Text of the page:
I come to bury Jason Giambi, not to praise him ... though I'm starting to feel like I'm in the minority there.
Giambi has been in the news lately for his involvement in the BALCO scandal involving steroid use in baseball. The San Francisco Chronicle reported that he testified before a grand jury that he had indeed used steroids.
The slugger has never officially confirmed nor denied these reports, but I think it's easy to figure it out. Earlier this month he held a press conference where he apologized to everyone involved-without confirming the reports or even using the word 'steroids.'
Then, just a few days ago, Giambi showed up at spring training in Florida.
Did he take the field to a chorus of boo's? No. Instead, he was met with cheers and outstretched bats and pens for autographs.
It sounds clich??, but what has America's pastime become? Moreover, what has the world come to?
We spent more time on Randy Moss pretending to moon a crowd than the fact that Giambi tainted the game of baseball.
Since when does a private admittance and a public apology get you off the hook for being part of a scandal that could severely harm the game of baseball for years to come?
If Giambi had committed murder, admitted it to the police (but not publicly), then apologized for it, would that be different? Or would he still be allowed to wear pinstripes and be hounded by autograph mongers?
You probably have your opinion about Barry Bonds and whether or not he used steroids, but we have the facts on Giambi. Yet Bonds gets more discussion, as he did on Tuesday, when he asked the press why they are so stuck on writing about the same story.
Maybe it's because he hits more home runs than Giambi. Maybe it's because he's black (as Bonds suggested Tuesday). Maybe it's because he is less friendly with the media than Giambi. For whatever the reason, Giambi's story came and went in a matter of minutes while Bonds' stuck around with everyone guessing.
I guess it's the apology-and the type of apology-that matters most. Giambi apologized nicely to the media and fans seem to be forgetting he ever used steroids. When Pete Rose admitted and apologized for betting on baseball, it was at the same time he was releasing his book, so obviously he could not be forgiven, or allowed to be put in the Hall of Fame.
But I'll leave that for another column on another day.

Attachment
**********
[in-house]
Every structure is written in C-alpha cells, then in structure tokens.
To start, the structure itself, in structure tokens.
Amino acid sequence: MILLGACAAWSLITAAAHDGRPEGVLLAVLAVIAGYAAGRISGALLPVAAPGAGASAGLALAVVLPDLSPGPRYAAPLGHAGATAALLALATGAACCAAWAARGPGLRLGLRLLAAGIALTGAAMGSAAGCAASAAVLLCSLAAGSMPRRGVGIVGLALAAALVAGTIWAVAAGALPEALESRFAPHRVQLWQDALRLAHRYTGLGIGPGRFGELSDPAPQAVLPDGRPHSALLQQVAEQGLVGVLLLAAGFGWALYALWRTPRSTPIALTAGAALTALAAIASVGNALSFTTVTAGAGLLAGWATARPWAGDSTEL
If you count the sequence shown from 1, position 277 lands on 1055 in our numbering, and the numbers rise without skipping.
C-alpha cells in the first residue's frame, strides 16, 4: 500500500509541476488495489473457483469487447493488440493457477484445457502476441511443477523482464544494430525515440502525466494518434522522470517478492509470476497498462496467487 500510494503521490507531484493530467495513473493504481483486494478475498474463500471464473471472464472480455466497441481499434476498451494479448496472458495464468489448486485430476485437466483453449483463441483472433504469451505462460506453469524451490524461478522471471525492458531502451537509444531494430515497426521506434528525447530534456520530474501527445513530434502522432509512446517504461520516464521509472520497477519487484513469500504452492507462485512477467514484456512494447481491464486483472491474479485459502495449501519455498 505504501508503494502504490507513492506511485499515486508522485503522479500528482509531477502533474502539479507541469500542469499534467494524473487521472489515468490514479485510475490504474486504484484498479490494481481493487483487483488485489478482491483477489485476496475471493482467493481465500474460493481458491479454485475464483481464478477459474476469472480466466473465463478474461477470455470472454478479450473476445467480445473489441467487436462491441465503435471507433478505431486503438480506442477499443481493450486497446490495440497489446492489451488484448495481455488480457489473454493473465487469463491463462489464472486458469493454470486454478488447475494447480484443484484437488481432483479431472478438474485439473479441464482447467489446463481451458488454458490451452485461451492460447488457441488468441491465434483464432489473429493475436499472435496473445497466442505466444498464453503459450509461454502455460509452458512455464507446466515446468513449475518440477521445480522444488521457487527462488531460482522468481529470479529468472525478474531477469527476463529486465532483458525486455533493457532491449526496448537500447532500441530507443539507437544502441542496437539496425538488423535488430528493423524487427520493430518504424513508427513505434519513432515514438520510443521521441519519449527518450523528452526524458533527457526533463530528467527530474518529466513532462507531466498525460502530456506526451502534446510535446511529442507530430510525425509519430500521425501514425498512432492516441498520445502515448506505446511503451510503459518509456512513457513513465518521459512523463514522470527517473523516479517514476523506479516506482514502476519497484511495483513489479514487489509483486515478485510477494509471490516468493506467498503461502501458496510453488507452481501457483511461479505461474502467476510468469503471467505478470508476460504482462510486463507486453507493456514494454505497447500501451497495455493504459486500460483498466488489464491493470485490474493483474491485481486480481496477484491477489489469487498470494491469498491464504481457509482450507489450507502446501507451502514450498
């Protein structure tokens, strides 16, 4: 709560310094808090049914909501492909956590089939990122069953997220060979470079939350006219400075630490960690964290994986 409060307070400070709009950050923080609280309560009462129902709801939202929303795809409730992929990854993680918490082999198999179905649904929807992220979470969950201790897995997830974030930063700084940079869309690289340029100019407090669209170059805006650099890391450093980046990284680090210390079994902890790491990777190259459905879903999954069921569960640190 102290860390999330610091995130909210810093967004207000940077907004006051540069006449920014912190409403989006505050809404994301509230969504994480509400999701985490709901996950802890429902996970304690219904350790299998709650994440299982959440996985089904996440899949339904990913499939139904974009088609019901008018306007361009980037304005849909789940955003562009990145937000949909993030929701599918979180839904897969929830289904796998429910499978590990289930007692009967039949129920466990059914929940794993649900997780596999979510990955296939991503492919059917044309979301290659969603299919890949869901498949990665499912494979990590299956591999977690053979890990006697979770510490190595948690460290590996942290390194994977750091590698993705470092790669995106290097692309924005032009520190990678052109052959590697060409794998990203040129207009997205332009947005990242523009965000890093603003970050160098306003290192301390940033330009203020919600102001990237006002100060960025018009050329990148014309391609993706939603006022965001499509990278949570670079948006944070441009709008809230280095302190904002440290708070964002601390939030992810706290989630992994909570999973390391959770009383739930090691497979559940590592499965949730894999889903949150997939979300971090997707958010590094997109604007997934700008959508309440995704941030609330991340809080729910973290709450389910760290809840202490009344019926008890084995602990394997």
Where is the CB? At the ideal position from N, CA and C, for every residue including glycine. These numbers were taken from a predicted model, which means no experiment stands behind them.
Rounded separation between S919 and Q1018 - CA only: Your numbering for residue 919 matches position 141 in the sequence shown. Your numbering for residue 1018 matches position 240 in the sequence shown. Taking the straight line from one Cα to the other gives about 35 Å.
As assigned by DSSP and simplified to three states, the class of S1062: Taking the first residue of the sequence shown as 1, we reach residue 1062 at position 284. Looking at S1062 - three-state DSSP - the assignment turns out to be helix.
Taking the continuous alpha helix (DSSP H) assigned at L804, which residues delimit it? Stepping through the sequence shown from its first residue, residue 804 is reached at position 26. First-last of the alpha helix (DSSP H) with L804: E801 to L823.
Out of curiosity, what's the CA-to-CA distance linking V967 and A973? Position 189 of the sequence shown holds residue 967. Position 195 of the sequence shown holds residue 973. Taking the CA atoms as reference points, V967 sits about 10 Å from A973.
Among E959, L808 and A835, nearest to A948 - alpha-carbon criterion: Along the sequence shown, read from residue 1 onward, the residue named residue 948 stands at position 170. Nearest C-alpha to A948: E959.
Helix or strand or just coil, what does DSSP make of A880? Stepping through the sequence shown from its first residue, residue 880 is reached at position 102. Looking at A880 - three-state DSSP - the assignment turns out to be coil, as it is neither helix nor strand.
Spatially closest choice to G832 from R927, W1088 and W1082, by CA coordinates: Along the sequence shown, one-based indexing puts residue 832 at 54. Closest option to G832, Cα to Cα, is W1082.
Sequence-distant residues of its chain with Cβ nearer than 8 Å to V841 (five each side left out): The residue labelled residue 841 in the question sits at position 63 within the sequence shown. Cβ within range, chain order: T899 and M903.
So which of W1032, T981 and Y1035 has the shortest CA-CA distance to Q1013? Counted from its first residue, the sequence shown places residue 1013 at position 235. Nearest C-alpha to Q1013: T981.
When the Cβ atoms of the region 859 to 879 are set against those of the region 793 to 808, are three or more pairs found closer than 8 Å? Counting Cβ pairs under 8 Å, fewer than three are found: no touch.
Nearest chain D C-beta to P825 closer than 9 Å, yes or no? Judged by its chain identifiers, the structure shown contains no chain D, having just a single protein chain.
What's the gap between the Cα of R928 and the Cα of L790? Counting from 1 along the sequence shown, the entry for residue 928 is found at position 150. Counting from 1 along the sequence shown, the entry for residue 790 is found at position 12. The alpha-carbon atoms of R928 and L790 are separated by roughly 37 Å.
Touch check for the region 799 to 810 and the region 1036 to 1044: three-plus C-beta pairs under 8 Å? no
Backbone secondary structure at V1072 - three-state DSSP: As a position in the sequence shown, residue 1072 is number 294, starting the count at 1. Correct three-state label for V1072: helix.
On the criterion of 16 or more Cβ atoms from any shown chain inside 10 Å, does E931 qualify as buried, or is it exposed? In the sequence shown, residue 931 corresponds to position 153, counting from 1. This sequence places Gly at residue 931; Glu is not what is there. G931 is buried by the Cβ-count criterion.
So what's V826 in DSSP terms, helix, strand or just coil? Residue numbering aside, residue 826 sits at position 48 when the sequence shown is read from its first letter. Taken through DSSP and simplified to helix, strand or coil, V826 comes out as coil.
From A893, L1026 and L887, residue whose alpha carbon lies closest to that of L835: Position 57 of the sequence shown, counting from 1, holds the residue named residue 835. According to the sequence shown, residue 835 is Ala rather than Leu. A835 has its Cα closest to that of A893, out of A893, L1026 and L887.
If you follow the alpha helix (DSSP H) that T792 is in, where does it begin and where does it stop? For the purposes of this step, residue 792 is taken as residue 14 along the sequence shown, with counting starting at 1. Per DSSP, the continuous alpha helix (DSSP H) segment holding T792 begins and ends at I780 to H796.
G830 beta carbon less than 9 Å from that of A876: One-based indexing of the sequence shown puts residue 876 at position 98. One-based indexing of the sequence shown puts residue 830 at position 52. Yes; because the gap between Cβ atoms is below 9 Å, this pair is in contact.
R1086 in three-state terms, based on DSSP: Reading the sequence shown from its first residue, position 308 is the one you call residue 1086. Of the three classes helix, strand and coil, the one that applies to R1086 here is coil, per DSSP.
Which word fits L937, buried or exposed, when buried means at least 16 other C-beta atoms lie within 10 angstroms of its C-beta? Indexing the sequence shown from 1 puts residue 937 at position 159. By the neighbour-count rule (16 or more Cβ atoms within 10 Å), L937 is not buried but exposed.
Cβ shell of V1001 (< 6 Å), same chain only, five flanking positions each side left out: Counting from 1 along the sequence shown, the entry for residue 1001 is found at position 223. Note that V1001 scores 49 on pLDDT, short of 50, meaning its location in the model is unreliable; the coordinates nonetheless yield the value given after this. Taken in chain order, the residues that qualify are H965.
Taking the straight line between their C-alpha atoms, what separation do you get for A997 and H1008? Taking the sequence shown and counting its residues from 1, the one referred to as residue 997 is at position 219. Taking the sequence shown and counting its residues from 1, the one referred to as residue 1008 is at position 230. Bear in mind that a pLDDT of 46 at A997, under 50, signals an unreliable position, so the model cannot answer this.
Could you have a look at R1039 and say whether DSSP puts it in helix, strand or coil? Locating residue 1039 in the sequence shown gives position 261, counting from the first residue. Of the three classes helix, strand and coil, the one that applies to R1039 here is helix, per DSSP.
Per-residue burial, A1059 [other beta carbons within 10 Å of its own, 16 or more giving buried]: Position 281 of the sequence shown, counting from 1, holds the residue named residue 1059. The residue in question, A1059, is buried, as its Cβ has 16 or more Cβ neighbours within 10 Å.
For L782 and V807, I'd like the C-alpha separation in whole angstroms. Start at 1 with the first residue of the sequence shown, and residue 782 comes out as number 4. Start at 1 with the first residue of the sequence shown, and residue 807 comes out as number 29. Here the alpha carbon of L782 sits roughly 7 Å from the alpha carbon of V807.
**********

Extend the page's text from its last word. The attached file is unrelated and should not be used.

The point is, something is seriously messed up with baseball on many different levels. The media continues to scour baseball for players using steroids and chastise those who do, the league continues to try to implement and enforce a tougher steroid policy, but the fans don't care either way.
When it is revealed that players have used steroids, they should be run out of the game by the league, the media and the fans.
I can only hope that once the BALCO investigation is complete, all the parties involved will go on trial. For the sake of the game of baseball, every player that has used steroids must be banned from the league-if not officially by the league, at least booted from their glory by the fans.
I recognize that at least Major League Baseball is taking steps in the right direction on the issue, but a trial and the idea of the \steroid era"" should bring enough shame that the league will have to implement more severe measures.
Until any of these long-term implications surface, there are certain measures that baseball fans can take. First and foremost, fans who continue to support known steroid users are not fans at all. They are only adding to the demise of baseball. Quit cheering for them, quit asking for their autographs, run them out of town.
I imagine Ted Williams's cryogenically frozen head is rolling over in its chamber with the current state of baseball. For his sake, and for the sake of ""America's pastime,"" if the league cannot yet do it, fans, you must do it: Come down hard on the players using banned substances.
Eric is a junior planning to major in history. Send him your thoughts on Jason Giambi and steroids to firstname.lastname@example.org.